Surely, if the publicity value of these kinds of raids and high-profile arrests weren’t there for the police, then they wouldn’t behave in this way. In other words, if you’re not going to get your conglomerate bloated bragging face on telly and in the papers, then why bother?

Hitchens suggests the simple provision, that such searches may be made public only if the accused person gives written permission, saying he believe that the police, deprived of the oxygen of publicity, will simply stop behaving in this way.

But of course that kills off the immediacy of the news in an era when the world has come to expect a 24hr rolling news service which gives every cough and spit of everything that happens every minute of the day.

And more worryingly for me is that it would only kill it off in the UK and we would become an island gagging on its choking free speech while all around it the rest of the world shouts from the troughs of the gutter and the peaks of the lawless internet.

One way or the other, with this ruling and the attitude of a leading journalist

the people of the UK would lose out on their right to know what is happening in the world around them.



South Yorkshire Police had this to say about Cliff: “The force apologises wholeheartedly for the additional anxiety caused by our initial handling of the media interest in this case and has implemented the learning from this and the subsequent review conducted by former Chief Constable Andy Trotter.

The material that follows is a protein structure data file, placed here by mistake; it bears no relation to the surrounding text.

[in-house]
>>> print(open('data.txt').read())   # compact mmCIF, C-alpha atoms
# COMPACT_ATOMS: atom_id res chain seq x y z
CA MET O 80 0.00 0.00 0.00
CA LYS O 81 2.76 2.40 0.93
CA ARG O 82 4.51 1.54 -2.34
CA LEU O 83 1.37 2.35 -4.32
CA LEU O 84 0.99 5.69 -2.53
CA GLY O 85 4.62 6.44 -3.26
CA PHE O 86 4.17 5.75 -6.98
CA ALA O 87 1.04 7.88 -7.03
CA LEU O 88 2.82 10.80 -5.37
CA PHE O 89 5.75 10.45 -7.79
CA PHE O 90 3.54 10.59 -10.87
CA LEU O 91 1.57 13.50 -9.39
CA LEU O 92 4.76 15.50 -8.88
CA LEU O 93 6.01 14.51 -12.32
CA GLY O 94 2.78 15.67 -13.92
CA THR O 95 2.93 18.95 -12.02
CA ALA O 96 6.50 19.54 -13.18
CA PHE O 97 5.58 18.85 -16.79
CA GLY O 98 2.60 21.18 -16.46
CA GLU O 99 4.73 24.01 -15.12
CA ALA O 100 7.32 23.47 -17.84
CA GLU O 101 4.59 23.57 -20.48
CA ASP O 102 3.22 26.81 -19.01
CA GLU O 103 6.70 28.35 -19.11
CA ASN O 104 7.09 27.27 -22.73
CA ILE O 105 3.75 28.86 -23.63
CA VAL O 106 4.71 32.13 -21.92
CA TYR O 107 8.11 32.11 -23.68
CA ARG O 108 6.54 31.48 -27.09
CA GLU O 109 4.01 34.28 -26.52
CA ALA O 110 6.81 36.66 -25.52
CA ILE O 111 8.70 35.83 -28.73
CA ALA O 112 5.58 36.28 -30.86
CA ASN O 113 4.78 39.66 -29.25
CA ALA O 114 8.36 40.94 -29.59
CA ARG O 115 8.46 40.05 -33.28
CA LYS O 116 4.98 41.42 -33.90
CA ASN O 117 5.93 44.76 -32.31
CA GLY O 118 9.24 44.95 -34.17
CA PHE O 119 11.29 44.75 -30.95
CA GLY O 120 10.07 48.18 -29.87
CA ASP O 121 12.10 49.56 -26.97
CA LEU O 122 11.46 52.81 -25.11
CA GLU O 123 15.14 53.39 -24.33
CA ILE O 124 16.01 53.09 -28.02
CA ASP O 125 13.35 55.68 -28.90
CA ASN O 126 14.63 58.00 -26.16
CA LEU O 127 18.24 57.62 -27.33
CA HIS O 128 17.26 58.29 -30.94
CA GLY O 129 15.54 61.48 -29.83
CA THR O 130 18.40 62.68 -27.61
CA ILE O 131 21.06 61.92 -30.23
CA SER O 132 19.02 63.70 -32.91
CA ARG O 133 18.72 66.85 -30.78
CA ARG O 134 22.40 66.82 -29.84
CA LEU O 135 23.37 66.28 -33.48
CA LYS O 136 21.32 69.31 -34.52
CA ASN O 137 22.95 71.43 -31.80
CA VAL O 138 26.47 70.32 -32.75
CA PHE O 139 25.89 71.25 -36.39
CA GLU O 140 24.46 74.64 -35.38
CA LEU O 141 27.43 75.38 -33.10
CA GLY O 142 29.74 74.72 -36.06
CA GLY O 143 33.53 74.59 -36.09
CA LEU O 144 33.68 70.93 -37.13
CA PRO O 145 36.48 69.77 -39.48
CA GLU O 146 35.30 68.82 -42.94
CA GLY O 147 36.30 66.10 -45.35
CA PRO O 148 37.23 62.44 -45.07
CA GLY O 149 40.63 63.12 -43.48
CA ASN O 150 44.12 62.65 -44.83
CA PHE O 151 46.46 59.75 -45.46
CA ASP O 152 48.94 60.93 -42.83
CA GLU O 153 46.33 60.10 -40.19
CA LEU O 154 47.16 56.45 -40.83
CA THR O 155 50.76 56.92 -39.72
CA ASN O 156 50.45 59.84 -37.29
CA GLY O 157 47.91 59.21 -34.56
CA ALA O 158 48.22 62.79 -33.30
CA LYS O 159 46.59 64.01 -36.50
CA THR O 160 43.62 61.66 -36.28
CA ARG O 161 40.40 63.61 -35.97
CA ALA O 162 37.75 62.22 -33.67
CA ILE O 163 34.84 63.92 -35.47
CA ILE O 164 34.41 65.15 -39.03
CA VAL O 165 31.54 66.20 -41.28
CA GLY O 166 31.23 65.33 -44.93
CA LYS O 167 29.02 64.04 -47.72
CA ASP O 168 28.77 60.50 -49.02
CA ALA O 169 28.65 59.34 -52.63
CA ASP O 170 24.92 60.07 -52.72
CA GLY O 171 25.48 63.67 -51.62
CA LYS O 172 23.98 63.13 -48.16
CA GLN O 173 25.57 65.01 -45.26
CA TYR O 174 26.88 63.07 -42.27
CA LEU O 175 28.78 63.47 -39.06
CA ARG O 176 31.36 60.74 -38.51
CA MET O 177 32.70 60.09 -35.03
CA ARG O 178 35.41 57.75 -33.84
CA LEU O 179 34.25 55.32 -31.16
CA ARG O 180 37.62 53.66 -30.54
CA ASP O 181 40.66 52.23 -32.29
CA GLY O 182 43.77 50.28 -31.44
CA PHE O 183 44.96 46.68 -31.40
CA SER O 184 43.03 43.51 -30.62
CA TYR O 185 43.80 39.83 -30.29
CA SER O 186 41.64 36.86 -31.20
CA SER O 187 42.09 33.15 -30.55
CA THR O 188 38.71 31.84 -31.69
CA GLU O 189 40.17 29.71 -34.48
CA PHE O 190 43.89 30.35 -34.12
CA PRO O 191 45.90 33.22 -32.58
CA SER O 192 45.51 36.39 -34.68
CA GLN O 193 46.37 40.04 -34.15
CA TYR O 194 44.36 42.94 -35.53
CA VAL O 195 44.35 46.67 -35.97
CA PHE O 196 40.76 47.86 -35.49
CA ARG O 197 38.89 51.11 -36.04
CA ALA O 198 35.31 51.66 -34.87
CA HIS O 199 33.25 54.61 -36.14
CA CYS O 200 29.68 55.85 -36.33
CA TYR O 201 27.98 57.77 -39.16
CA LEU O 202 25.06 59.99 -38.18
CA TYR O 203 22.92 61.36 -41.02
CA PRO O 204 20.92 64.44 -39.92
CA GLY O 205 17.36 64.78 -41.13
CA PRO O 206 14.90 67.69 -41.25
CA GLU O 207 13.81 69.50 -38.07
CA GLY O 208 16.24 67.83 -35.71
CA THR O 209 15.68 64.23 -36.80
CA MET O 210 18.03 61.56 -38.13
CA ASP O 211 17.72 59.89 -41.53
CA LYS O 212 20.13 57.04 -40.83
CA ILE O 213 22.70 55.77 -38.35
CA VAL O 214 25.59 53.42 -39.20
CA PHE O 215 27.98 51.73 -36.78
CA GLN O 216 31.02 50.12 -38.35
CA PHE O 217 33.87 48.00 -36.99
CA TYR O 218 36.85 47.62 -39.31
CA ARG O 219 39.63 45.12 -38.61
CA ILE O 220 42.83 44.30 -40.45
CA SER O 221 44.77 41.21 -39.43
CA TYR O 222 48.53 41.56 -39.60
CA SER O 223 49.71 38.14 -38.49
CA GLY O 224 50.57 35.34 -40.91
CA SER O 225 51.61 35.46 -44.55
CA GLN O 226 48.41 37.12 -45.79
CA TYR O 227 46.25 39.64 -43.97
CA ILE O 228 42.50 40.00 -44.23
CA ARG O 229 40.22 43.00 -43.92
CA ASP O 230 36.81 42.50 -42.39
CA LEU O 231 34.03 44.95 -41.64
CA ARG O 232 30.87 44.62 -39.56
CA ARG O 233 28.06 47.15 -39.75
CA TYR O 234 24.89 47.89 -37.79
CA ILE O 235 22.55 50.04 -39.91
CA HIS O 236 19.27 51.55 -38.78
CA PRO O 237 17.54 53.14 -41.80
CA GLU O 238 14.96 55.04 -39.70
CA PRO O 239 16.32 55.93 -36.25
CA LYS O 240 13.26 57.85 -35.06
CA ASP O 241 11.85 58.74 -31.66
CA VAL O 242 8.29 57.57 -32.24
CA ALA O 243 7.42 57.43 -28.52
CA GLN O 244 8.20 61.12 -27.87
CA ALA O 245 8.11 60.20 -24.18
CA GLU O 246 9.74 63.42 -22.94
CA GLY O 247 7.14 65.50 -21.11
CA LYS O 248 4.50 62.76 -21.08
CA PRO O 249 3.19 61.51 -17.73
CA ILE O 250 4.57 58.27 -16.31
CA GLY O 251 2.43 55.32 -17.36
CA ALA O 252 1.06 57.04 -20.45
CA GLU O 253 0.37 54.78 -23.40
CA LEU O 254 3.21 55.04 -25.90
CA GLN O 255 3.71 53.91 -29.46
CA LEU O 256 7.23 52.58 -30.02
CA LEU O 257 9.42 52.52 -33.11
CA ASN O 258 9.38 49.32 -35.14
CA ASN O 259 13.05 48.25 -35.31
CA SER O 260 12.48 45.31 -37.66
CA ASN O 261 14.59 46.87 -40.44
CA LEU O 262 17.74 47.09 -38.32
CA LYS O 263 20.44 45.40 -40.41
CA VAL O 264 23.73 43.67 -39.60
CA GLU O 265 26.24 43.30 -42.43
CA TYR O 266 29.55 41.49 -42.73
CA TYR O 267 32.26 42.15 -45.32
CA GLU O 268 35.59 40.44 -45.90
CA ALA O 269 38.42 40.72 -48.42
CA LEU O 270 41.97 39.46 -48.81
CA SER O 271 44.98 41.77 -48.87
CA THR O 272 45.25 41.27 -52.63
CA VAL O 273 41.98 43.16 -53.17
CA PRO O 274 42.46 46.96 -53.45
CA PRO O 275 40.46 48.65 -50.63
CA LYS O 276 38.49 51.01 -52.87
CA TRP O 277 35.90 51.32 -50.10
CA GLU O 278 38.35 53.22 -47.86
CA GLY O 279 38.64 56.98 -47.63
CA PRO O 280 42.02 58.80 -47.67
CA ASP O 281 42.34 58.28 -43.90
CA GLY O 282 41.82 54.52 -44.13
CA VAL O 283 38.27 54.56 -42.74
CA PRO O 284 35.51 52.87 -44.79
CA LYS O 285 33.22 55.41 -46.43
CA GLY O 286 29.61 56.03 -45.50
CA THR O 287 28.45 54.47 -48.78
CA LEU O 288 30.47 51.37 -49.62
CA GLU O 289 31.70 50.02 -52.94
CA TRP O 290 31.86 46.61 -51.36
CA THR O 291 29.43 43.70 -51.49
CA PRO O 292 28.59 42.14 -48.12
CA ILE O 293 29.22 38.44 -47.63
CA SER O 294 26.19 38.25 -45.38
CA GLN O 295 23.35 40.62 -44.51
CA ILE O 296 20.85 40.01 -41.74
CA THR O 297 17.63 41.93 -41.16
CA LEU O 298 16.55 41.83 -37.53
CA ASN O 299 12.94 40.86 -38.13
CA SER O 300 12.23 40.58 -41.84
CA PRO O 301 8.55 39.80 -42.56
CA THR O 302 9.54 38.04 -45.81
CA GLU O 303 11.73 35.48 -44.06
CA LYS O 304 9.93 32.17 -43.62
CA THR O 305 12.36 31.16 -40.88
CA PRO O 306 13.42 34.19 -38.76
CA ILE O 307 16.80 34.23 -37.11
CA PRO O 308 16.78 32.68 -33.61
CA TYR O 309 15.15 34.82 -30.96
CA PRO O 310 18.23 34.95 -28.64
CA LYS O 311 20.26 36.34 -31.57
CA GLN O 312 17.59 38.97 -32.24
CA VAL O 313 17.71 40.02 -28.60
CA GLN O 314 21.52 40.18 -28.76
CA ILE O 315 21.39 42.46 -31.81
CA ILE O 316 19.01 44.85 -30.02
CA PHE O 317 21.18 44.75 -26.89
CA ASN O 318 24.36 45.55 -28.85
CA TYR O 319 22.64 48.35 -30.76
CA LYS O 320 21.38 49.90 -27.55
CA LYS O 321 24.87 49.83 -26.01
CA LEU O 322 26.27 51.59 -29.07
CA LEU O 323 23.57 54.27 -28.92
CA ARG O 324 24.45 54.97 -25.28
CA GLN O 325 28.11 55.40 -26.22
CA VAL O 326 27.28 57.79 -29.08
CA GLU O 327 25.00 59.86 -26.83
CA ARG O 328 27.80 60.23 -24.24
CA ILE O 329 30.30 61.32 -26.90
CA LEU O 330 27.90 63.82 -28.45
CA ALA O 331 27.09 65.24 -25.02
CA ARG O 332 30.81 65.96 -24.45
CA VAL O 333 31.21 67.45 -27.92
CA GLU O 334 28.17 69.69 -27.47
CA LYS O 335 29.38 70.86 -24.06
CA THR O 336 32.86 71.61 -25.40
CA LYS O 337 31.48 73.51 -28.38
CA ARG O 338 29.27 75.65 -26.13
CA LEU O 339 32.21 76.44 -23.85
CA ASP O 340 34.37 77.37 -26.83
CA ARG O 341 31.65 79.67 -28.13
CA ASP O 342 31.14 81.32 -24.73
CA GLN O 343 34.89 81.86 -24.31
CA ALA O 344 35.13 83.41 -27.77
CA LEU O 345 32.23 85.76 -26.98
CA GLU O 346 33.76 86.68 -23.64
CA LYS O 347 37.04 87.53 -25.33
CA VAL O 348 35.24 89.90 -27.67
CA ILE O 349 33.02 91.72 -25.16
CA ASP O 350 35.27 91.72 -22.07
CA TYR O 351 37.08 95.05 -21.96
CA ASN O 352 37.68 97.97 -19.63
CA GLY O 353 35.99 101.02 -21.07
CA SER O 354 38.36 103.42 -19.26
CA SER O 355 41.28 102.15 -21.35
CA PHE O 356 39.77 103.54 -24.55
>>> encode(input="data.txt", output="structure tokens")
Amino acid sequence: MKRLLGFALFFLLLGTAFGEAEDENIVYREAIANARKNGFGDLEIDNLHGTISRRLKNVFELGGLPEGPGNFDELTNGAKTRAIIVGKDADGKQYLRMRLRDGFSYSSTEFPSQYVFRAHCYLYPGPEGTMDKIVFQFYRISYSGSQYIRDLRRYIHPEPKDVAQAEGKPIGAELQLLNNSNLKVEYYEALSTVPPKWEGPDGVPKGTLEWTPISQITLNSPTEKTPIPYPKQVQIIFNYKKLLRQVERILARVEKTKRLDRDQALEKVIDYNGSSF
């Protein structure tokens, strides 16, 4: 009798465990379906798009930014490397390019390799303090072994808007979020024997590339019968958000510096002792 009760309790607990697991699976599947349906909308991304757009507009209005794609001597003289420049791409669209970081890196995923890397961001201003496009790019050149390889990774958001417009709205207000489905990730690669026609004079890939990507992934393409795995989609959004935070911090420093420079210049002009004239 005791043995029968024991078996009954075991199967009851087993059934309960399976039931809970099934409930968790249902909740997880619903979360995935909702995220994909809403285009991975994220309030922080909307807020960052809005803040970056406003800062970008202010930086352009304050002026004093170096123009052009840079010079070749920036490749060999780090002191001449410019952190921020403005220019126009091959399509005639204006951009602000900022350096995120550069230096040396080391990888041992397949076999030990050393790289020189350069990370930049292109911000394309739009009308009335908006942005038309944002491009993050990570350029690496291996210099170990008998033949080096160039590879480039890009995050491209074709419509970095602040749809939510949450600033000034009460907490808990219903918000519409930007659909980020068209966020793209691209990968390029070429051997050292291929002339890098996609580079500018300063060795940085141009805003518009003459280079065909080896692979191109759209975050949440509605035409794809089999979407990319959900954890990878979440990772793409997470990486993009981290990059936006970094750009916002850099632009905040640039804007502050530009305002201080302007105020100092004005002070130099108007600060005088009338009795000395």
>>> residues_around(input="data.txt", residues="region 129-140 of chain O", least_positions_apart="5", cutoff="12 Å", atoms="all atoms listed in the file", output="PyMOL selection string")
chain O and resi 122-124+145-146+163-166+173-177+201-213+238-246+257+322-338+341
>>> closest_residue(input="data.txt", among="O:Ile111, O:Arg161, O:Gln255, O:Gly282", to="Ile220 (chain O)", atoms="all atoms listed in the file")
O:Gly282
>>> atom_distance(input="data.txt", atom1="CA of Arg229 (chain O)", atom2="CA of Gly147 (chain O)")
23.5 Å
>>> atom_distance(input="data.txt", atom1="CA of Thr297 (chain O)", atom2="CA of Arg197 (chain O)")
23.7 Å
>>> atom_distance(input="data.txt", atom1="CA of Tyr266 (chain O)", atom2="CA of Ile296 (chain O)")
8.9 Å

“Following an initial allegation received by the force in April 2014, South Yorkshire detectives have explored and gathered all information available and carried out a thorough and detailed investigation, which has covered the UK and abroad.

“The investigation, which has spanned two years, is estimated to have cost in the region of £800,000, including staffing costs.”

As Hitchens – a man of Marmite qualities just like Cliff  – points out that these kinds of raids bring ‘other victims’ out of the woodwork. And that actually is a defence I have often glibly used when faced with the dilemma of to expose or not to expose.

Hitchens asked this simple question: “Why can they not come forward when the accused is formally charged and arrested?”

It’s a fair question but one loaded once again towards the stifling of robust free speech and reporting.